Houston Texans owner Bob McNair made substantial waves in San Diego this week by blasting the mayor and city council's failure to come up with a sufficiently gold-plated stadium proposal to keep the Chargers in town.
"At one time, half the council went to jail or something,” McNair declared. “It’s been pretty bad. It’s hard to negotiate when you’ve got to go to the jail to negotiate."
Whether or not the tough-talking NFL owner knew he was wrong (only one ex-councilman in the form of Cheetahs strip-club case miscreant Ralph Inzunza has actually made it to the slammer in recent times), McNair's remarks have shifted the spotlight to his own ties to the key figure in a notorious San Diego sports-palace subsidy scandal.
By many accounts, billionaire McNair is an old friend of fellow Houstonian John Moores, the super-rich software mogul who bought the Padres in 1994 and soon began lobbying city hall for massive taxpayer financing to allow him to move out of Qualcomm stadium and into downtown.
In 1998, Moores was also angling for a new NFL team for Houston to replace the Oilers, who had departed for Tennessee to become the Titans, but the Padres proprietor was thwarted by the football league's ban on baseball-team cross-ownership in different cities.
So he turned the project over to McNair and associate Chuck Watson.
"Houston is in good hands with Chuck and Bob," Moores told the Houston Chronicle in January 1998.
"They don't need me. I'd just get in the way," he added. "If anybody can get this thing done, it's those two guys." Added the story, "He will at least stay on in the role of unofficial cheerleader."
The paper also reported that Moores was still a Texan at heart: "Although he has moved to a posh San Diego suburb — being a staunch believer in local ownership — Moores' affection for his hometown is undiminished. He'll never cut his Houston tethers.”
"You can't fully appreciate Houston," Moores was quoted as saying, "until you go live somewhere else."
The wealthy Padres owner then took the opportunity to bemoan San Diego's slowness in forking over taxpayer cash for his planned new ballpark.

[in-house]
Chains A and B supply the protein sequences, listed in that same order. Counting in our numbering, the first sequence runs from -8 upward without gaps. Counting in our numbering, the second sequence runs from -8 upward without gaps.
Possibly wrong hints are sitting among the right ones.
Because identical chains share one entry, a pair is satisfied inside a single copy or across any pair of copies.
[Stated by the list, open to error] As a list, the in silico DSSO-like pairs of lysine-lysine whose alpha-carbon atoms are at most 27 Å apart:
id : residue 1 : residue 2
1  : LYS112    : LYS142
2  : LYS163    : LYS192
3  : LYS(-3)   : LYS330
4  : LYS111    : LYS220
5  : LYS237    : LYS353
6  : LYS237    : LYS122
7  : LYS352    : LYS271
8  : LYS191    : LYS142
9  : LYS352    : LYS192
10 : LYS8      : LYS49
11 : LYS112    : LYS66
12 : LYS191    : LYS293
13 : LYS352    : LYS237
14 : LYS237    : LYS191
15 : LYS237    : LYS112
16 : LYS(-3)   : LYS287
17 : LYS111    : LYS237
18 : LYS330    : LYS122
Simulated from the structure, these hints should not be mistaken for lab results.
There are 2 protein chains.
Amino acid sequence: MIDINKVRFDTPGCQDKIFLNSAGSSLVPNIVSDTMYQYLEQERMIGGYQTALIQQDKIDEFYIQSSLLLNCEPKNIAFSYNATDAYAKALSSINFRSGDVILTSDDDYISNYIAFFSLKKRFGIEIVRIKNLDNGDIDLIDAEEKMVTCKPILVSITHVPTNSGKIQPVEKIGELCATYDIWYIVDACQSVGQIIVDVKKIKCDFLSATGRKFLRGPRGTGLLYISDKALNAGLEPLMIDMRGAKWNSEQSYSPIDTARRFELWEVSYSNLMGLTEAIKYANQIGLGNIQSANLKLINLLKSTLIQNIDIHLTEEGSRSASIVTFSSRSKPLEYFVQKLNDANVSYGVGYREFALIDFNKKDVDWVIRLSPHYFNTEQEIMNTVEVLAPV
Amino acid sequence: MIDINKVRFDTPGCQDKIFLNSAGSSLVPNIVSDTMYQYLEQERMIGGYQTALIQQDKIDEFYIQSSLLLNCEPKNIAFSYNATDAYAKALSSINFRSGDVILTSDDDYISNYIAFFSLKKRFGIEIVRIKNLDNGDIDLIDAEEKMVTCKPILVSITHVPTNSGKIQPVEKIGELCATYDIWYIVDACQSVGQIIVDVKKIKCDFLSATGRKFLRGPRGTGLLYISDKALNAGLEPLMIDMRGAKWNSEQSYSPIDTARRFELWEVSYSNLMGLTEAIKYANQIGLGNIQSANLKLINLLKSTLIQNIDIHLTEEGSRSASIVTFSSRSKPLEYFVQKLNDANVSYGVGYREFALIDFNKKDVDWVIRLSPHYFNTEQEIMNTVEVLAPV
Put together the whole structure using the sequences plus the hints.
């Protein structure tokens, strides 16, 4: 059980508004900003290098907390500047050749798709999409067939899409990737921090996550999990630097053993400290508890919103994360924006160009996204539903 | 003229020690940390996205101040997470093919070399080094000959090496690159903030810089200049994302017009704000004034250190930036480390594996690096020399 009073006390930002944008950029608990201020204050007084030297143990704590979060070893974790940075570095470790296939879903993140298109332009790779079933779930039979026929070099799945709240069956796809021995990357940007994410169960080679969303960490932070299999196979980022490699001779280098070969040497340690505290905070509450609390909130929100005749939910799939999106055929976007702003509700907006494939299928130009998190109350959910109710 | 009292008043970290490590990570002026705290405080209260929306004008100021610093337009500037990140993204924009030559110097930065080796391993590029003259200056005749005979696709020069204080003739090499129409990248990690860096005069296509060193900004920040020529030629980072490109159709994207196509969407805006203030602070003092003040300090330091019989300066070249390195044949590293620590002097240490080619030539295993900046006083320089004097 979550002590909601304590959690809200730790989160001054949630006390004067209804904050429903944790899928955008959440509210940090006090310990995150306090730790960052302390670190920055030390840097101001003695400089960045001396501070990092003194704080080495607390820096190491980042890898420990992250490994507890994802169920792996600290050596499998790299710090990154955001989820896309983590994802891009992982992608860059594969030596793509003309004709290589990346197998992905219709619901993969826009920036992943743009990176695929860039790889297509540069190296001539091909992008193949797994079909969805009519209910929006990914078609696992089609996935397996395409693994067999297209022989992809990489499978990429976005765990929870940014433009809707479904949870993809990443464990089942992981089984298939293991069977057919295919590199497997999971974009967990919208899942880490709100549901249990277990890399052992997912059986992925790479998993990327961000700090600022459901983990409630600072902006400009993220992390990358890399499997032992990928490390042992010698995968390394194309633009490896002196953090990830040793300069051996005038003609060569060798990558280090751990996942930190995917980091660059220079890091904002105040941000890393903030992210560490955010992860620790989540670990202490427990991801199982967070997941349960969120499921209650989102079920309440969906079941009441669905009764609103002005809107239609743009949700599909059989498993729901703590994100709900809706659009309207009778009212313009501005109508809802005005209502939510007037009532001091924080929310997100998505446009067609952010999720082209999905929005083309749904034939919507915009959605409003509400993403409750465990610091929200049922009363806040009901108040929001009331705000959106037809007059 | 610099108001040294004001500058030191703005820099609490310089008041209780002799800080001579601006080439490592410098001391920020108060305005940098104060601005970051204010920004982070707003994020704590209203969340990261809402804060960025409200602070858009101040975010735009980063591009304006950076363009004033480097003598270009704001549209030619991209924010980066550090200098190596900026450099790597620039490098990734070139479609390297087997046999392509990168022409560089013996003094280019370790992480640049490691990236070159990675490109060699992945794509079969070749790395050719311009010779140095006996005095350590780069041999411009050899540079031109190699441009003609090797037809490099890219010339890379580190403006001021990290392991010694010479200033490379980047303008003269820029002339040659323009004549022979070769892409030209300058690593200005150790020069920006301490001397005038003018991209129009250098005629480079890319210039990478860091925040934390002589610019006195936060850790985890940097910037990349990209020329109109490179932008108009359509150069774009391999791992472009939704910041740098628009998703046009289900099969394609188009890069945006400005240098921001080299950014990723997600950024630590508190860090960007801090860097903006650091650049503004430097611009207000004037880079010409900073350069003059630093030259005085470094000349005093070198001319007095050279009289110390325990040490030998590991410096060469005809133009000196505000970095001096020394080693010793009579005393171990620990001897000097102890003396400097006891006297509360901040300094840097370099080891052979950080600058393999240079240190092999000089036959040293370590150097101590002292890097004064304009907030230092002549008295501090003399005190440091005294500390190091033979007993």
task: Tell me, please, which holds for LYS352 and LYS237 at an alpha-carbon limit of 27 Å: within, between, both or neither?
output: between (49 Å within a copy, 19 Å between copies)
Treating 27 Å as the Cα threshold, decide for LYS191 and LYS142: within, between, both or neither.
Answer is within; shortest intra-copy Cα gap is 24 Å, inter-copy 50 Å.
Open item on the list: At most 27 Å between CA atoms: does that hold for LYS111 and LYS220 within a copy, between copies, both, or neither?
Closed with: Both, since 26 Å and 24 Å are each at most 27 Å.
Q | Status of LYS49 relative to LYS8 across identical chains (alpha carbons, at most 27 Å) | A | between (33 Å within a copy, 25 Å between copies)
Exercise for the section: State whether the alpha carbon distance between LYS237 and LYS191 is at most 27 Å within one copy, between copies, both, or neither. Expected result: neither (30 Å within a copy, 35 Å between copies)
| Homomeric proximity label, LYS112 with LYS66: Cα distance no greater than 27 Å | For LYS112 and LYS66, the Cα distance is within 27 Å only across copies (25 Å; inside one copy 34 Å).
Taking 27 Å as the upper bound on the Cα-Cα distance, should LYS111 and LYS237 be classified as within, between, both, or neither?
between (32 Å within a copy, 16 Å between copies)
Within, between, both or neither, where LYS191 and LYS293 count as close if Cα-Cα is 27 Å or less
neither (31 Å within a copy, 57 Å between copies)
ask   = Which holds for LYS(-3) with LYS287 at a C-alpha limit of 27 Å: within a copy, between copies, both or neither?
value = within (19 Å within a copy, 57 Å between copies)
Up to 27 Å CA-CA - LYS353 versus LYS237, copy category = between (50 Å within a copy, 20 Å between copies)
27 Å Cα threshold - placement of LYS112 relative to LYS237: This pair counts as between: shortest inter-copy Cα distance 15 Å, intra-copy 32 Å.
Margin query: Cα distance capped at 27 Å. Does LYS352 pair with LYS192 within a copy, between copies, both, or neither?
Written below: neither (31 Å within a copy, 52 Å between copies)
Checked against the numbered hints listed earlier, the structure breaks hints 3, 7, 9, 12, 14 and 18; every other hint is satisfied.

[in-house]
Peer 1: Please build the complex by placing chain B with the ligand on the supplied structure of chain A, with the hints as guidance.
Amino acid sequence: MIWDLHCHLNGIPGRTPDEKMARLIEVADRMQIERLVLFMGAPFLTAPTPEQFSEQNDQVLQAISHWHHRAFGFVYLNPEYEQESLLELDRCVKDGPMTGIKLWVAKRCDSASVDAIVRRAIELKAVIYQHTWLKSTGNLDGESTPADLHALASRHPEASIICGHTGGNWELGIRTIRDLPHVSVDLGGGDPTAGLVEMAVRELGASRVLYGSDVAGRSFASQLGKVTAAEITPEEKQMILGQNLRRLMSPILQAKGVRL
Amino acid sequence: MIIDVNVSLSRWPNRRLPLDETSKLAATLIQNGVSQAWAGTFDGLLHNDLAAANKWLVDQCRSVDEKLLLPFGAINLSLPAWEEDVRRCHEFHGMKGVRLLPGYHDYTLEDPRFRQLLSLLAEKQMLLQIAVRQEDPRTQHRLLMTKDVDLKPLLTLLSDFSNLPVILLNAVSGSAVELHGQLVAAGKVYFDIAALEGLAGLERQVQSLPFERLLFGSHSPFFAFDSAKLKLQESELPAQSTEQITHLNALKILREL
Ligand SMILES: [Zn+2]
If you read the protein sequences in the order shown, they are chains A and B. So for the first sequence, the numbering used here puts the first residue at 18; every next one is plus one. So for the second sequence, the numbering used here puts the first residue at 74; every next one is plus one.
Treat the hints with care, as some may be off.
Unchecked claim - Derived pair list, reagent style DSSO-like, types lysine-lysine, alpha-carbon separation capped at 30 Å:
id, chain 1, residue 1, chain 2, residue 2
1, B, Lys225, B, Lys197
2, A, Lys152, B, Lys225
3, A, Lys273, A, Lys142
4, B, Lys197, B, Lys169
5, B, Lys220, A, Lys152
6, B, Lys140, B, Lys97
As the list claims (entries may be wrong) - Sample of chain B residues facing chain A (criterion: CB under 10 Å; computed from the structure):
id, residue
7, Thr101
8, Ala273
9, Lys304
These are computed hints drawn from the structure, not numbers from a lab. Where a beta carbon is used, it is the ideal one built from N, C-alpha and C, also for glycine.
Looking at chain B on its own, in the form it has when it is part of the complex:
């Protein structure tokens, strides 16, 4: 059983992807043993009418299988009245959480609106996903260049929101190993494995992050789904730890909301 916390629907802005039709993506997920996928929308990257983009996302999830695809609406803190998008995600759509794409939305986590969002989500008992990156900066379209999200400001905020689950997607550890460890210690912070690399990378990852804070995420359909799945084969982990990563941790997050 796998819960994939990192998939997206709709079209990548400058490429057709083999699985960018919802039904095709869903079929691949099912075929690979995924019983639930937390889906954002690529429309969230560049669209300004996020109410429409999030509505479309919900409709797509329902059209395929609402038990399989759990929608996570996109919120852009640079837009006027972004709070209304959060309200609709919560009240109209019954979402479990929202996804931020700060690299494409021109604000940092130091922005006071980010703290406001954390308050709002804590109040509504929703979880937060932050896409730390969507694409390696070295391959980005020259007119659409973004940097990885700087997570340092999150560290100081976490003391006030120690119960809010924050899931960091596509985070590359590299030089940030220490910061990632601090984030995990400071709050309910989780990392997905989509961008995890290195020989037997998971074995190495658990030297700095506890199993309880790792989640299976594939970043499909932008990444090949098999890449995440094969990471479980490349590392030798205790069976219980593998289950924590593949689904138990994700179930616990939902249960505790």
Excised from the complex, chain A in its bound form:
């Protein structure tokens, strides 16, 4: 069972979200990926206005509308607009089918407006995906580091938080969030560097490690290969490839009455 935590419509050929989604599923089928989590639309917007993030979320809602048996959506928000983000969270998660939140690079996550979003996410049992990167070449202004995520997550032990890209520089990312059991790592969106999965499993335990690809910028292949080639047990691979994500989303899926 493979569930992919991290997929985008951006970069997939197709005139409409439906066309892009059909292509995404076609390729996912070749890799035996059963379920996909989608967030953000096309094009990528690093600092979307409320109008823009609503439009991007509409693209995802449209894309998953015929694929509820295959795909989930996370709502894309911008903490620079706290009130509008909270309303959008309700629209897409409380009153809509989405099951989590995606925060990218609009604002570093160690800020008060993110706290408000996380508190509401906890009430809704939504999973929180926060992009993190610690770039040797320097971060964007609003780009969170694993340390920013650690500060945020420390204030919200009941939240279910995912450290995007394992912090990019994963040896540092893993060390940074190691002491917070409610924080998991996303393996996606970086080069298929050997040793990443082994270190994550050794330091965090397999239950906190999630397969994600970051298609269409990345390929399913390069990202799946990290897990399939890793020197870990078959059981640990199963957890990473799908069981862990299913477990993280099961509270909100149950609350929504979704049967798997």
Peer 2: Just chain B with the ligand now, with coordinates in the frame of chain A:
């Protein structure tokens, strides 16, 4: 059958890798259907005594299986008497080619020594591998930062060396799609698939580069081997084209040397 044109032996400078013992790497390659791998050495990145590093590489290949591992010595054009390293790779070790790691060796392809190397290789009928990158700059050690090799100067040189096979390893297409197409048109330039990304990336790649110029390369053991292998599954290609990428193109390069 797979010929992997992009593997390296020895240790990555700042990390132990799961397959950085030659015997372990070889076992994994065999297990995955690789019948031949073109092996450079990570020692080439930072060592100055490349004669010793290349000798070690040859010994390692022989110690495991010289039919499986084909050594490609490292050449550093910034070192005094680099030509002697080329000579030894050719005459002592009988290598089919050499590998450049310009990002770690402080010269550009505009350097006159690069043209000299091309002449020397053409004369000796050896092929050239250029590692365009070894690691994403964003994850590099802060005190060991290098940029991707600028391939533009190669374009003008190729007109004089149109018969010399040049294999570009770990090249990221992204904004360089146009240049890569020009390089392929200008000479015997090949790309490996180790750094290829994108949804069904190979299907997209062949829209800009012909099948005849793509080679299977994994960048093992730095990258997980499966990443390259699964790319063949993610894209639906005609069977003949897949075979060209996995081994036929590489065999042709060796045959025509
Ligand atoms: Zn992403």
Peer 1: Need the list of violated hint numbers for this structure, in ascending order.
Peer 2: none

Said the Chronicle, "He laments its huge 'CANE' population — 'Citizens Against Nearly Everything' — and its lack of a 'can-do attitude.'"
Two years later, as first reported here in April 2000, Democratic city councilwoman Valerie Stallings filed a state-required financial disclosure showing she had acquired between $10,000 and $100,000 worth of stock in Neon Systems, a start-up controlled by Moores.
After three weeks, she sold the stock when it reached its peak of $50 a share.
A follow-up FBI and federal grand jury investigation revealed that Stallings was allowed to obtain the Neon shares at below public market value during the company's initial public offering, netting her $11,261.
Investigators later discovered that Stallings had failed to disclose a raft of other gratuities she received from the baseball magnate, including plane tickets, memorabilia, cash, a vacation home, and car use.
Stallings cut a deal with prosecutors to plead guilty to two state misdemeanor charges and resign from office, thereby avoiding the threat of jail time on charges of illegally accepting gifts from the Padres owner and failing to recuse herself from voting on the Moores baseball-park subsidy plan, the Associated Press reported in January 2001.
Moores, who skated entirely, released a statement saying he was "certainly pleased that this difficult time has come to an end."
The Rancho Santa Fe resident's putative tax-free ballpark, now known as Petco, was ultimately built, but ended up costing the San Diego general fund about $11 million a year to cover bond debt.
The latest twist in the byzantine saga has been the recent emergence of a Moores-backed voter initiative to hike hotel taxes.
Among other things, the measure could serve to expedite a new Chargers stadium on downtown real estate Moores got from the city as part of his Padres subsidy deal.
The downtown stadium concept, which in September 2013 got the blessing of the team's special counsel and lobbyist Mark Fabiani, is opposed by Republican mayor Kevin Faulconer and his allies in the hotel business.
They are still pushing for a venue on the site of the current Qualcomm Stadium in Mission Valley over the skepticism of the NFL owners, including, as it happens, McNair, a ranking member of the league’s Los Angeles Opportunities committee.
"They’d have to have a referendum and the referendum isn’t until next June," McNair told a Texas interviewer about the Faulconer proposal, hours before canceling a meeting previously scheduled with the San Diego mayor.
"Well, we can’t have these teams in limbo. You need to have certainty, and you don’t know if the referendum would pass or fail. We can’t take what they’re saying very seriously.”
In addition to having boosted a downtown stadium possibility, Moores also covets the Qualcomm Stadium site, ostensibly because it could be redeveloped to provide more space for San Diego State University.
"As it relates to John Moores and his interest in Mission Valley, categorically yes, he’s interested and more than likely to be supportive financially,” Moores aide Steve Peace, the former Democratic state senator, told the Union-Tribune in October.
A campaign finance statement filed December 15 shows that the Moores-run Ballpark Village, L.L.C. of Austin, Texas, has kicked in another $250,000 to the San Diego tax-raising initiative campaign, bringing its total contribution so far to $450,000.